5. After a week, strain the apple peels through cheese cloth and allow to drain over a bowl overnight, to collect the juice. Then give the cheese cloth a good squeeze, and feed the apple peels to the chickens/pigs.
  6. Pour the strained juice back into the jar and cover with cheese cloth again.
  7. Stir once a day.
  8. Store in a cool location out of direct light for 6 weeks or until it tastes as strong as you'd like it.
  9. Bottle and store in your pantry or fridge indefinitely. Enjoy!
Tips:
  • If you notice mold on your apple cider vinegar at any stage, skim it off and keep going. I have never experienced mold growth but have read that it can happen.
  • Some people weight their apple peels down during the first week so no apple peels are exposed to air. They have a tendency to float. You can do this if you like, but as long as you stir it once a day I don't think it is necessary, and I never bother.
How to Make Apple Cider Vinegar from Apple Peelings.
Author: 
Recipe type: Condiment
 
Make your own apple cider vinegar from scrap apples!
Ingredients
  • 1 cup sugar
  • 1 gallon water (4 litres)
  • Apple peels and cores
Instructions
  1. Collect your apple peelings and put them in a gallon glass jar/container. Those large pickle jars from Costco, or from the thrift store, work perfectly. Even a large glass cookie jar will work.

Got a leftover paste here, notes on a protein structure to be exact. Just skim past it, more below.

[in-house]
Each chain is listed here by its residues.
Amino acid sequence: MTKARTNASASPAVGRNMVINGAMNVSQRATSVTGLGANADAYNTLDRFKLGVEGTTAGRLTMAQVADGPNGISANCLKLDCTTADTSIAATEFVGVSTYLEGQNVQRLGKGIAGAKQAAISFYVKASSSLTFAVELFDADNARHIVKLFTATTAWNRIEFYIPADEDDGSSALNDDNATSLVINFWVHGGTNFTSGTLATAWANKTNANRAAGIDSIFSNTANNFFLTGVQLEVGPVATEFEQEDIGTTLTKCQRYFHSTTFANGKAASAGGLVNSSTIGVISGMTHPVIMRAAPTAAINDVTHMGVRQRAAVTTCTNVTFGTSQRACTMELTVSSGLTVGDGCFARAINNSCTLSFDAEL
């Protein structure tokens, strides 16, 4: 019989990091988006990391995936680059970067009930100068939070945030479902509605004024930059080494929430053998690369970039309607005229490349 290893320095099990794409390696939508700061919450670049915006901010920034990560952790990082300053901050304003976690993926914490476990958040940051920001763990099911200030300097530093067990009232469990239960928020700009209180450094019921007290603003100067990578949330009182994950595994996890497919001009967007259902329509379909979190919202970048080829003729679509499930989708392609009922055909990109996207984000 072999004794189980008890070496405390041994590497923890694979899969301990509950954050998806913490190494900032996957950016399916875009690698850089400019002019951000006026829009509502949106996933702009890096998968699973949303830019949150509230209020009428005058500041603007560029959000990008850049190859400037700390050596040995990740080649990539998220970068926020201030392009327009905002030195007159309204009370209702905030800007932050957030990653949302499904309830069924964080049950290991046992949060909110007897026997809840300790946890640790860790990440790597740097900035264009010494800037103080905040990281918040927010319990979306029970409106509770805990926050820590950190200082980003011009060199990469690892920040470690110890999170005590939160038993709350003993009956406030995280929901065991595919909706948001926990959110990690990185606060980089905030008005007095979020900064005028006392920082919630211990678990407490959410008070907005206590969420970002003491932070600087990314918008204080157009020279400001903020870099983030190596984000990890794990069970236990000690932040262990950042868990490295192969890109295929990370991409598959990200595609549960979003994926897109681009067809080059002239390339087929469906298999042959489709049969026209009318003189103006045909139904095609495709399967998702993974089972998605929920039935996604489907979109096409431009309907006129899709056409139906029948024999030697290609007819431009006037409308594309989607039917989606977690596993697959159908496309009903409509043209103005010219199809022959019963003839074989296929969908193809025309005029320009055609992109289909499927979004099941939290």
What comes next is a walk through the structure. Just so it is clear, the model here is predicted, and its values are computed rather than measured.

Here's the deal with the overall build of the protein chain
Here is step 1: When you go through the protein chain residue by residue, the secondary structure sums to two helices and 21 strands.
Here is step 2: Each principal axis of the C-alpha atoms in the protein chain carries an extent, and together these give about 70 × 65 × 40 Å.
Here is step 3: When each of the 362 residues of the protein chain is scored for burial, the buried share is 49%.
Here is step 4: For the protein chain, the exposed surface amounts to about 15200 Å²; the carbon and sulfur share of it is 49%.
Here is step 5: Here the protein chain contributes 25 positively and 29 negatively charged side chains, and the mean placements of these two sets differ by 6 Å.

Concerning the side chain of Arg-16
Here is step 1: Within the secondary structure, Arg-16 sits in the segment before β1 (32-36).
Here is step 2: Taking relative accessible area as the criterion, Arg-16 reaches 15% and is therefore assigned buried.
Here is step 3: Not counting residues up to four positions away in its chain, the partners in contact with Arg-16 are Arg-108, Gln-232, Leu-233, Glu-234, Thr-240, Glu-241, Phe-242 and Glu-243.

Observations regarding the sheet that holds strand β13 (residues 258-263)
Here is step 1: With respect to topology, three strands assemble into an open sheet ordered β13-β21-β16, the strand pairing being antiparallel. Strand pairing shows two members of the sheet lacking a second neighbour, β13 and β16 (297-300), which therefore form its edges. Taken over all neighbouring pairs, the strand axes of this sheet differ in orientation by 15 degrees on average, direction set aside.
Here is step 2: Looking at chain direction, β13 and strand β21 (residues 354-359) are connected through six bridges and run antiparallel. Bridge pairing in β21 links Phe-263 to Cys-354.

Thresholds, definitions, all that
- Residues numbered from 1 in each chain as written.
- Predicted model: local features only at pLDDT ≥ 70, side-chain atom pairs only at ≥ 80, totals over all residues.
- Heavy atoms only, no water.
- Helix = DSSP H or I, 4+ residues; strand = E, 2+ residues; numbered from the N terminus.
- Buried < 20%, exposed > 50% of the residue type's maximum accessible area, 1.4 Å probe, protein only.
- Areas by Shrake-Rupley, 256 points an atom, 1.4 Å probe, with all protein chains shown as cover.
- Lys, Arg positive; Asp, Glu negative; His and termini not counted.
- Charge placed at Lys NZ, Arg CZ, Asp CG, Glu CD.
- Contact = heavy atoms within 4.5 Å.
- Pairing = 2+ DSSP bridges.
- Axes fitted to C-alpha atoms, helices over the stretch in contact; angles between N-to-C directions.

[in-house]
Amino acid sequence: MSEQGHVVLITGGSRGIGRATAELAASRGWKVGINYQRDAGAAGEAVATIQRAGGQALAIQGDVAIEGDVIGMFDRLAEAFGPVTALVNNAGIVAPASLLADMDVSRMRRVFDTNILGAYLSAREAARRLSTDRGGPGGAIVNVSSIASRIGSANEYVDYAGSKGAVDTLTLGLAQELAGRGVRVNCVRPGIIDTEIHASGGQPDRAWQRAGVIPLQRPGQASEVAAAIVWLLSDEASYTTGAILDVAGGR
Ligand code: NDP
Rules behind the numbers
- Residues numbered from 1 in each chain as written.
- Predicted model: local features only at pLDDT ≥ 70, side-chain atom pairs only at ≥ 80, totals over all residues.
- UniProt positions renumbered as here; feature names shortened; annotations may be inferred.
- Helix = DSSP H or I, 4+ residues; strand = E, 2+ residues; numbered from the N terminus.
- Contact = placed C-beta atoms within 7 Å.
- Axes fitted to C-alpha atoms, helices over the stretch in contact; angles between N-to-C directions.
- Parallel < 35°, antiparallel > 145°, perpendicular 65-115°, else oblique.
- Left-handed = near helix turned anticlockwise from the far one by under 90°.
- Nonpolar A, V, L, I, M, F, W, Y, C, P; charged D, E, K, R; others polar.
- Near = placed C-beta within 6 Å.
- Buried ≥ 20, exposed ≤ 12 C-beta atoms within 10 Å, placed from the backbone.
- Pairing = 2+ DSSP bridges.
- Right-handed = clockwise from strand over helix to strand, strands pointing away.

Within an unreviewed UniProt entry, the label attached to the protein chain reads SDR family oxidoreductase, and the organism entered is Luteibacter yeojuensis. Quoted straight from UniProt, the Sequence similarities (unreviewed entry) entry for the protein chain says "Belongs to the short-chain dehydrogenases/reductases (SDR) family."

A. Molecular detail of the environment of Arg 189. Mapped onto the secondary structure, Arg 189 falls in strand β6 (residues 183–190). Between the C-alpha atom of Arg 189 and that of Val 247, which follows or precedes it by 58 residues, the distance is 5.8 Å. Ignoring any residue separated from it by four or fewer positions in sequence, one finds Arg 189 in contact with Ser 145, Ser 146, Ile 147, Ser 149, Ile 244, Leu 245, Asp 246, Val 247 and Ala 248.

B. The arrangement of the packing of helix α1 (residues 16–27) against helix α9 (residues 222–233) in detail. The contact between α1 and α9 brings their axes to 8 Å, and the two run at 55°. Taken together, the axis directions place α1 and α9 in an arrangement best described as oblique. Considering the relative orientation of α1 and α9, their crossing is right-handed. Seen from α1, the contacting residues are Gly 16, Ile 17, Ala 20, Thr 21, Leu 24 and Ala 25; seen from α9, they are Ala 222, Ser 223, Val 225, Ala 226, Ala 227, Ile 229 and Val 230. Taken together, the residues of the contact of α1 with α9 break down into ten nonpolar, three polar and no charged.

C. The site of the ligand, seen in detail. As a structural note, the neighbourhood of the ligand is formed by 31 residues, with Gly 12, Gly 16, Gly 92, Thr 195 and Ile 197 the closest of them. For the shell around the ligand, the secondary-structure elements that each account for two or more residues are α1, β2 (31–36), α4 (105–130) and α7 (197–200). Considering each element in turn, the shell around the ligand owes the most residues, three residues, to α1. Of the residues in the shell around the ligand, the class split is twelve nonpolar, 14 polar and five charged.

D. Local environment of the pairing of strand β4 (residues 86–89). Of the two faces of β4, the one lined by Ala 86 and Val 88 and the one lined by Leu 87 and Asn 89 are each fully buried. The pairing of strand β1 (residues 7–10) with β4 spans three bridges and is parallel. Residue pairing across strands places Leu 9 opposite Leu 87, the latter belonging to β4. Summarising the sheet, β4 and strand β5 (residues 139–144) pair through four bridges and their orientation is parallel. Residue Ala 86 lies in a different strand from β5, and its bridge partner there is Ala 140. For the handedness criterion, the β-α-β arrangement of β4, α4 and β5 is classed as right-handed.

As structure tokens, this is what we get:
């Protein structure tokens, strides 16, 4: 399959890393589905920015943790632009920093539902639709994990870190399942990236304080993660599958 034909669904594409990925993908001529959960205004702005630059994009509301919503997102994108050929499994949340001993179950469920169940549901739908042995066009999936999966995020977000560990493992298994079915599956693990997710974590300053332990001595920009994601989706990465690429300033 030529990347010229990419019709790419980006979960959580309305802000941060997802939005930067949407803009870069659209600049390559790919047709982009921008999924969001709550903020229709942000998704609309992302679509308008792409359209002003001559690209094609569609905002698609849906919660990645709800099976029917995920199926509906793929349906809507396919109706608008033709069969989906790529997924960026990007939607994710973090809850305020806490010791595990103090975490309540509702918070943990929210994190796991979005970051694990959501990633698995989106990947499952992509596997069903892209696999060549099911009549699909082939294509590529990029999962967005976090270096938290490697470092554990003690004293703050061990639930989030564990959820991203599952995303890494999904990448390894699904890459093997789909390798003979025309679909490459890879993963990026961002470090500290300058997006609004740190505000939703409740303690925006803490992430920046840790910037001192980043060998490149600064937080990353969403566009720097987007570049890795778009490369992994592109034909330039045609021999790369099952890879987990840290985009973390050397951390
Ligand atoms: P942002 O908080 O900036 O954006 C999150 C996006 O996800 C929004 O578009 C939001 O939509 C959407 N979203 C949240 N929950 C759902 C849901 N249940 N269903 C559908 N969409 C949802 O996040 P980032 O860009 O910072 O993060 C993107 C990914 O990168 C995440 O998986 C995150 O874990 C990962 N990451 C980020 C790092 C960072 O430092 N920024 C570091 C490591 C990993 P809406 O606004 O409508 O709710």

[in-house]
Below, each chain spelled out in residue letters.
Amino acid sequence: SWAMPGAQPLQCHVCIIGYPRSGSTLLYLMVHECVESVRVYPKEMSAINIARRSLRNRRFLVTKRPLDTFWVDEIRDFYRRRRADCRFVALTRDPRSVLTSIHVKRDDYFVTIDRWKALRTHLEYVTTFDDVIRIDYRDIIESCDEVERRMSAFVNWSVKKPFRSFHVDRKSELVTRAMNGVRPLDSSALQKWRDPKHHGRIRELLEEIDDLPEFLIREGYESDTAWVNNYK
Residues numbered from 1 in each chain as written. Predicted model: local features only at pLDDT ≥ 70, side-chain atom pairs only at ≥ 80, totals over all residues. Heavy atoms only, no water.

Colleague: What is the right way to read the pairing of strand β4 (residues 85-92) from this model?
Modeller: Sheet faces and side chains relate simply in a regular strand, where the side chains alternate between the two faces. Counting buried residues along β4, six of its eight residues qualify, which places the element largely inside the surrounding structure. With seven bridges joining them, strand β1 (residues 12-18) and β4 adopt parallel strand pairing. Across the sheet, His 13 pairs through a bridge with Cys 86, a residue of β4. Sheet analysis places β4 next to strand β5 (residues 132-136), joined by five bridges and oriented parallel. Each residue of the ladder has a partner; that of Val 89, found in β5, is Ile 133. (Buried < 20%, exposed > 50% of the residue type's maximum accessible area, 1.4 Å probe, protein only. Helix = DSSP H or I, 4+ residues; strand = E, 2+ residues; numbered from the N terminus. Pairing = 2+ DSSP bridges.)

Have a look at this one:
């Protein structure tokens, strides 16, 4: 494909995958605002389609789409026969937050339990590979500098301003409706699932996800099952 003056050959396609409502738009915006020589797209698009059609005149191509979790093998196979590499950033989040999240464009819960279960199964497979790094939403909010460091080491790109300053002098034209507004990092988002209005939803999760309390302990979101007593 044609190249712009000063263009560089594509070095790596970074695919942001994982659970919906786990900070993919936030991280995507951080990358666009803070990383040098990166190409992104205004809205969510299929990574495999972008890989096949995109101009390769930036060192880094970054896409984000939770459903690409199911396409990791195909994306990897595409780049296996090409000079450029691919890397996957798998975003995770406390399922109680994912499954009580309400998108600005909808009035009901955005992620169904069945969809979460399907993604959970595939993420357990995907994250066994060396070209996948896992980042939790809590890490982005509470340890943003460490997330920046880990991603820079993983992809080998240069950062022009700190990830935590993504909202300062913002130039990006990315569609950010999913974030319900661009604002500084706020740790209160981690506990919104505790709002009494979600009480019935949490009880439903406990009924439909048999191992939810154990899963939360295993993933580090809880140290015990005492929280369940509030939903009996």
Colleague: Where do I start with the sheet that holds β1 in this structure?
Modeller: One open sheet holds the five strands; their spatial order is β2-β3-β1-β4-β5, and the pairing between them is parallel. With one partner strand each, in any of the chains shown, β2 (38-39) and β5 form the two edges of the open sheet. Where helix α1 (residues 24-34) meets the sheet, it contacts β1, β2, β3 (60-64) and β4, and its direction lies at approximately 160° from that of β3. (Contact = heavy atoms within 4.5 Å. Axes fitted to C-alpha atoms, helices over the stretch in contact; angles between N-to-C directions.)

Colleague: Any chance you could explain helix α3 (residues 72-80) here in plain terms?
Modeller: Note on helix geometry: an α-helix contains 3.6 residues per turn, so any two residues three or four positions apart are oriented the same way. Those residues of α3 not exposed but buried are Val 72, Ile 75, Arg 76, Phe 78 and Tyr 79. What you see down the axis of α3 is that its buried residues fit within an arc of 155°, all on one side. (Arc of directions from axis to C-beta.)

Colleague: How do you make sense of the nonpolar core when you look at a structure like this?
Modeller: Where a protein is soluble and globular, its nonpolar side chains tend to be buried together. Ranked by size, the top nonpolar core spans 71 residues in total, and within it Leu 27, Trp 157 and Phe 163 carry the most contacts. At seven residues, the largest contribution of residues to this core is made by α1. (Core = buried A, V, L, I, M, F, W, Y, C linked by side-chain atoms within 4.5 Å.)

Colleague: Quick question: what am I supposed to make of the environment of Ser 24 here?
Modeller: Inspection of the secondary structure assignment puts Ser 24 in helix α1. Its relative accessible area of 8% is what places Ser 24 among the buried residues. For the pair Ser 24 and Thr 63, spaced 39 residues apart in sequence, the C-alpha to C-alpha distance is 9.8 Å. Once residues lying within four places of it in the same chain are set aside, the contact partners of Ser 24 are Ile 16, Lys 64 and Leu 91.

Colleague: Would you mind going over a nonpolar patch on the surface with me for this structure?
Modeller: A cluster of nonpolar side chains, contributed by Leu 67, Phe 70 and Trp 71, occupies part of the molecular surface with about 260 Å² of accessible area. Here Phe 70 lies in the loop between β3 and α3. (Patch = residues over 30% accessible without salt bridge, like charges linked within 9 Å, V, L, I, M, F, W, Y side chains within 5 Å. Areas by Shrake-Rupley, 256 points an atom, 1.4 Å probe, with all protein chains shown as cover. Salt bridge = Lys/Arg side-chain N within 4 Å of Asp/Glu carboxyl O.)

2. Once your jar is filled with peelings, cover it with a water/sugar syrup made from 1 quart of boiling water with 1 cup of white sugar dissolved in it. Your peels might float a bit. Some people weight it down with something so they don’t float. I don’t bother.
  3. Set your jar in a cool, dark-ish location (I used my laundry room) and cover the jar with cheese cloth and an elastic, making sure it is thick enough that fruit flies won’t get in. Because they will try!
  4. Stir once a day for 1 week.
  5. After a week, strain the apple peels through cheese cloth and allow to drain over a bowl overnight, to collect the juice. Then give the cheese cloth a good squeeze, and feed the apple peels to the chickens/pigs.